A petition bearing more than a million signatures calling for the immediate release of all people jailed solely for their beliefs was submitted to the United Nations yesterday by Amnesty International, the London-based human rights group.
The document, submitted to Secretary General Kurt Waldheim and General Assembly president Lazar Mojsov of Yugoslavia, expresses "outrage that in many parts of the world men and women who have neither used nor advocated violence suffer imprisonment solely because of their political or religious beliefs, their race, color and language."
Amnesty International, which won this year's Nobel Peace Prize, said its petition marked the culmination of its prisoners of Conscience Year. It was signed by 1,121,609 individuals and by international organizations representing more than 84 million people in 133 countries.
Indonesia, which has been criticized by Amnesty for its record on political prisoners, announced in Jakarta that 10,000 prisoners would be given their freedom next week.
They are among more than 31,000 prisoners held in connection with the unsuccessful Communist coup attempt in 1965. Authorities say the remaining prisoners will be released or put on trial over the next few months.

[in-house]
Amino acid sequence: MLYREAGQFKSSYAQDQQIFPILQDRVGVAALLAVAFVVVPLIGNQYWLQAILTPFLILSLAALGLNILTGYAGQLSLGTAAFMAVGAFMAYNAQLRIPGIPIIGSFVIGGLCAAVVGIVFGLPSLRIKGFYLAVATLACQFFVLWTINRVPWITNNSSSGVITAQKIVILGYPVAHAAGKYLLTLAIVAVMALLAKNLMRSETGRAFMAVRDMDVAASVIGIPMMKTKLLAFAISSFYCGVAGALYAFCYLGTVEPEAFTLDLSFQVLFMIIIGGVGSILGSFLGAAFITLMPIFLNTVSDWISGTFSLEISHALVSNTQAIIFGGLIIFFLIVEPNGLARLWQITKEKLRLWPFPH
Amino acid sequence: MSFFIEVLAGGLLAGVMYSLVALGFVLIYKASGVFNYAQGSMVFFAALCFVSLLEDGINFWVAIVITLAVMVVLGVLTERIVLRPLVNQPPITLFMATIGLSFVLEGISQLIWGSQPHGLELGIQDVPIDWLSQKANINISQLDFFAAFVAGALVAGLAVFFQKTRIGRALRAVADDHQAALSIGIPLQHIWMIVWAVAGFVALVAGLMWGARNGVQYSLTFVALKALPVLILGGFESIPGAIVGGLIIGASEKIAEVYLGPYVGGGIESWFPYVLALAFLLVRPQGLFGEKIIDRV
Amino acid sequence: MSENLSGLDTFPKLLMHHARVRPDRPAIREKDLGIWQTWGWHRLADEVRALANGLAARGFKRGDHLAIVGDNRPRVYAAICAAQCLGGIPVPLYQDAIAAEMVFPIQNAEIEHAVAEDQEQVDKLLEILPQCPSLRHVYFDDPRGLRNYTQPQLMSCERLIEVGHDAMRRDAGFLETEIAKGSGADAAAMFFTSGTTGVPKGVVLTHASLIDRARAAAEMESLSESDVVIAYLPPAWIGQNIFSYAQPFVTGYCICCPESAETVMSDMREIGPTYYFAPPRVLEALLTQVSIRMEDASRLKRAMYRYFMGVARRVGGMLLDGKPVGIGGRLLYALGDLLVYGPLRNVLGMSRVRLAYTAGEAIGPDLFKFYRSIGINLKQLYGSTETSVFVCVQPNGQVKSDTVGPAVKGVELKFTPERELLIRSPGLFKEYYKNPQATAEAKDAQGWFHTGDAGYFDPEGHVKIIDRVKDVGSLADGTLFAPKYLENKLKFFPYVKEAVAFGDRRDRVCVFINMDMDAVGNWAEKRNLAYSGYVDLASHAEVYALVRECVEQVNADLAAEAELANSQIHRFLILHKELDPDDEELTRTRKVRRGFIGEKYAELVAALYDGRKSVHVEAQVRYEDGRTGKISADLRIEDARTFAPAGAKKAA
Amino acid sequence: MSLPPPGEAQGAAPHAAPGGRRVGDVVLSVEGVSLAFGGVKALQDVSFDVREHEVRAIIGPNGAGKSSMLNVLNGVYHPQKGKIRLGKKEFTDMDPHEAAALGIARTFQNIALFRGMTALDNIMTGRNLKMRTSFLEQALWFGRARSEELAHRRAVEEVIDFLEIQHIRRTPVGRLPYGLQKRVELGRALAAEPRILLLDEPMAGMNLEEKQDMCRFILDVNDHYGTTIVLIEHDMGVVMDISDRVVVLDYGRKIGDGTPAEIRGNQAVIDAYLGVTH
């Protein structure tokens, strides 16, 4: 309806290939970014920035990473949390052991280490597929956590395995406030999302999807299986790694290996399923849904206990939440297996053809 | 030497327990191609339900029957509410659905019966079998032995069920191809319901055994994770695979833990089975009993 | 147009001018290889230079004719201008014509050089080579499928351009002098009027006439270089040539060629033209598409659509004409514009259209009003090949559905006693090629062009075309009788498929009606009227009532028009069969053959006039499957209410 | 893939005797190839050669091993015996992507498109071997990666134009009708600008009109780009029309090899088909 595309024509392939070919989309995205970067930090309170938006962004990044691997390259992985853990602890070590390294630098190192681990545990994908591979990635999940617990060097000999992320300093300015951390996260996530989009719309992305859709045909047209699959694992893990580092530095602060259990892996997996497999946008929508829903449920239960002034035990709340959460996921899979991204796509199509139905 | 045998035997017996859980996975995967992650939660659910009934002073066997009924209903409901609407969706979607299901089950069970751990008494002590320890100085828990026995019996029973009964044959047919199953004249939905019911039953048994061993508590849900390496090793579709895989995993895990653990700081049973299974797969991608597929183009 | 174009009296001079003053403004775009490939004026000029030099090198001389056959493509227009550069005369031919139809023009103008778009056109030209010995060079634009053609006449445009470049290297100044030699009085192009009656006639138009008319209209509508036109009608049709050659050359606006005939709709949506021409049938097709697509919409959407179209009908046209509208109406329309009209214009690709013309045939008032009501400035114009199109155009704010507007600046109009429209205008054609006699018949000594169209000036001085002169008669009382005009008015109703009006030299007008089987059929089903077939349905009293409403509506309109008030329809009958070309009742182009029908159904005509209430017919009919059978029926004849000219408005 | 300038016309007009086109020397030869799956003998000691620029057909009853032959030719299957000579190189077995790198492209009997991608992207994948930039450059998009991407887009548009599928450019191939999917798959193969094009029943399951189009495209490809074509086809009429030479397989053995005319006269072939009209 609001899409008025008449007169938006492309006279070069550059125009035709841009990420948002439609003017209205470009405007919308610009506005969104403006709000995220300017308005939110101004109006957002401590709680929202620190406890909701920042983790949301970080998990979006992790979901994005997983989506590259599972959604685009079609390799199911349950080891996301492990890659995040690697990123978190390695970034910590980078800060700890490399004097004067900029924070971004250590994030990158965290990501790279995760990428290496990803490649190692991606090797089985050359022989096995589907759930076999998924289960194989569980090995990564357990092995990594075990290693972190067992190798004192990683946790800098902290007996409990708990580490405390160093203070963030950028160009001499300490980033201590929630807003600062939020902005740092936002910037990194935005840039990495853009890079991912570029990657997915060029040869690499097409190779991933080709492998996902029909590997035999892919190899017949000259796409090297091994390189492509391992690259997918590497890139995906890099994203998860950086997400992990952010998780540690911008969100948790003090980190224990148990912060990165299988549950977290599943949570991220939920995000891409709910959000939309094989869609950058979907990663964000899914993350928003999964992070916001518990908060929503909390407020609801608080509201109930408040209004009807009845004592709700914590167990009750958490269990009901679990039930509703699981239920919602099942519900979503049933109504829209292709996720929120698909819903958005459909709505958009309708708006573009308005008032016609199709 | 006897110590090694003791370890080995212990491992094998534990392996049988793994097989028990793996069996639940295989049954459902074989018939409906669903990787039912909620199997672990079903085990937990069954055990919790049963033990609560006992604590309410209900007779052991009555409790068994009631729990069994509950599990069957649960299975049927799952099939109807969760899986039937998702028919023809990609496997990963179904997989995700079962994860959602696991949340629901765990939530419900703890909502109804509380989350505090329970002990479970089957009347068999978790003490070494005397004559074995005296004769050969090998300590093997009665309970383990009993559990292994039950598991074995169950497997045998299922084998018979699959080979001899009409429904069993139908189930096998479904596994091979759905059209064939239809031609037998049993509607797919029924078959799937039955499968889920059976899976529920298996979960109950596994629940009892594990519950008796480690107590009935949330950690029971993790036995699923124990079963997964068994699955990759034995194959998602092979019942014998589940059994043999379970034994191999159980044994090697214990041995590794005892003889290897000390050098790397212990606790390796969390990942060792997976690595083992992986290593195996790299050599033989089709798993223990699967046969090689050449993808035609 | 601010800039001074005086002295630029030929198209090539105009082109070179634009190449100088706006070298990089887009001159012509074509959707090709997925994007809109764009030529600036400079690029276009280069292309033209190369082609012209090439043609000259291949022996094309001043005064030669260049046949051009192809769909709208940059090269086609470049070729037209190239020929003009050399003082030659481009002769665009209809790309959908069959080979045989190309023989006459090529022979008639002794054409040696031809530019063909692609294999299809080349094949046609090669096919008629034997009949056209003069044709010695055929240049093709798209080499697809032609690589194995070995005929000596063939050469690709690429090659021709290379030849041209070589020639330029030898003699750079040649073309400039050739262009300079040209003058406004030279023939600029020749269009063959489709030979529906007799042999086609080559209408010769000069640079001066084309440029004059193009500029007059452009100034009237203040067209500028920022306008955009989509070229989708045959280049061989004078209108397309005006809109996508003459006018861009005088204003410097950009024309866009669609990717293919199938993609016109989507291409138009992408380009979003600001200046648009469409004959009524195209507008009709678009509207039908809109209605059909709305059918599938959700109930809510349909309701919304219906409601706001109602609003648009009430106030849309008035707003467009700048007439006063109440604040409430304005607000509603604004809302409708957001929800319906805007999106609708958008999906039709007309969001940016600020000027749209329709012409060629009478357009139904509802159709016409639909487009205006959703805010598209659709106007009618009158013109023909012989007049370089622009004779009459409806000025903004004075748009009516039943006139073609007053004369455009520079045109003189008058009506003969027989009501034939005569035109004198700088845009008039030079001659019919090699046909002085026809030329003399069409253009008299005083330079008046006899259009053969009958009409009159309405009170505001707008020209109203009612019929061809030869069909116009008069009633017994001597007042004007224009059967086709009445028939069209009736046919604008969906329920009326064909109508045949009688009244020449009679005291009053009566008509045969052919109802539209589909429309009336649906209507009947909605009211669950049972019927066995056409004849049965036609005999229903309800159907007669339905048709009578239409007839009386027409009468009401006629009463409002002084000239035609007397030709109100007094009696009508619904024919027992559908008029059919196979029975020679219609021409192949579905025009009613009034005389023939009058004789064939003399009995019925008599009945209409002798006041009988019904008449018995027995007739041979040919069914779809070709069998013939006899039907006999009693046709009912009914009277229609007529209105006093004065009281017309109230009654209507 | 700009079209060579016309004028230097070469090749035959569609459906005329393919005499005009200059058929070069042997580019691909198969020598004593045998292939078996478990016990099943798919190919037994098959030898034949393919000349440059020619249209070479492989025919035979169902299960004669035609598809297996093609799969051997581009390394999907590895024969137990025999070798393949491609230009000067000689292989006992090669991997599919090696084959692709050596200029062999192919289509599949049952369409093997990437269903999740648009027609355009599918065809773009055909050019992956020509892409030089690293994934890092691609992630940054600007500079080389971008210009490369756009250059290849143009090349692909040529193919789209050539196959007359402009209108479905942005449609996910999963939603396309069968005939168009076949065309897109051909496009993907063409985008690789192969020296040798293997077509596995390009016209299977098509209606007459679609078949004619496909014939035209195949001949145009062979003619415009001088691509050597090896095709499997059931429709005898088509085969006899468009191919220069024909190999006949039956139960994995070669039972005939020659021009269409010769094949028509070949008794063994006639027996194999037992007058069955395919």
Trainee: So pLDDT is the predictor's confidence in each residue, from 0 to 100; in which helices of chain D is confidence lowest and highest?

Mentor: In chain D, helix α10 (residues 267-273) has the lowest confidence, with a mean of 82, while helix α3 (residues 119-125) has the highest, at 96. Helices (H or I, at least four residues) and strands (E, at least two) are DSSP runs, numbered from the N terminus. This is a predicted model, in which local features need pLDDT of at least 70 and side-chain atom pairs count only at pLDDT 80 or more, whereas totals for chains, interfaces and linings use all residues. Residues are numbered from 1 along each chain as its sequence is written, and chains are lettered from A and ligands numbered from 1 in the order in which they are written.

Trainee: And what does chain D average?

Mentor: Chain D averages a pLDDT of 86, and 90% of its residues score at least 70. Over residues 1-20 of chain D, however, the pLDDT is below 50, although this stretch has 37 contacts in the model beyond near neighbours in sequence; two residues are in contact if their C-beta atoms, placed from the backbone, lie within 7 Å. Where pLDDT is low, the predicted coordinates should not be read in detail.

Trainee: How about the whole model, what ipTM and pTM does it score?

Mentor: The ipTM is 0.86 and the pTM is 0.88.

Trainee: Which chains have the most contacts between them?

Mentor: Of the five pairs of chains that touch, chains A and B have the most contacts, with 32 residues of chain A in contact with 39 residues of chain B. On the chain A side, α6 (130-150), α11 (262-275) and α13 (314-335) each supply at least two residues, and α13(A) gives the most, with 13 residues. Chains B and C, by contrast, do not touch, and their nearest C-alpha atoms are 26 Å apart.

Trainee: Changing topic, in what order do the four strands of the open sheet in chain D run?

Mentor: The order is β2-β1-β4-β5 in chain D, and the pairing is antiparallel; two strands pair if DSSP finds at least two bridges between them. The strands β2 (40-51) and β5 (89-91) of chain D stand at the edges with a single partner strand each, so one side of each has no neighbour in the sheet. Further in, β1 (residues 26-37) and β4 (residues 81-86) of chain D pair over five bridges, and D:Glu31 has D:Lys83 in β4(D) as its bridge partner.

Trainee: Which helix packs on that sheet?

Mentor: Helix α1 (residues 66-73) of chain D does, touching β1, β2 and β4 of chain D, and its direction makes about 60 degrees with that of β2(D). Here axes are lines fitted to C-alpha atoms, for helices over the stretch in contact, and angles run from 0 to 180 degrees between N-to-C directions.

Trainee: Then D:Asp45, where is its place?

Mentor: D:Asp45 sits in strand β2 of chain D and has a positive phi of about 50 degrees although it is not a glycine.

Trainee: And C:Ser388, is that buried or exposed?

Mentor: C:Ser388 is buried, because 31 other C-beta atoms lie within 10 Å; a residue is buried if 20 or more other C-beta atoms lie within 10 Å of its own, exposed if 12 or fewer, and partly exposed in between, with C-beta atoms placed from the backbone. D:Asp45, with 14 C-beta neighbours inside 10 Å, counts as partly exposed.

Most of those to be released Dec. 15 will be resettled as farmers on outlying islands, according to Admiral Sudomo, chief of the security and order command.
Indonesia's resettlement policy has been criticized by human rights groups as merely changing one form of detention for another.
In another development at the United Nations, a 49-member African group asked five Nordic countries to withdraw their resolution to censure Ugandan President Idi Amin for wholesale violation of human rights.
Mauritanian Ambassador M. Moulaye Hassen said the African states felt that Uganda should not be singled out for censure when "many other countries also violate human rights." He added, "If we take action against Uganda, it should be within the context of the Organization of African Unity."
Diplomatic sources said the Africans' request was opposed by such influential states as Kenya, Tanzania and Zambia.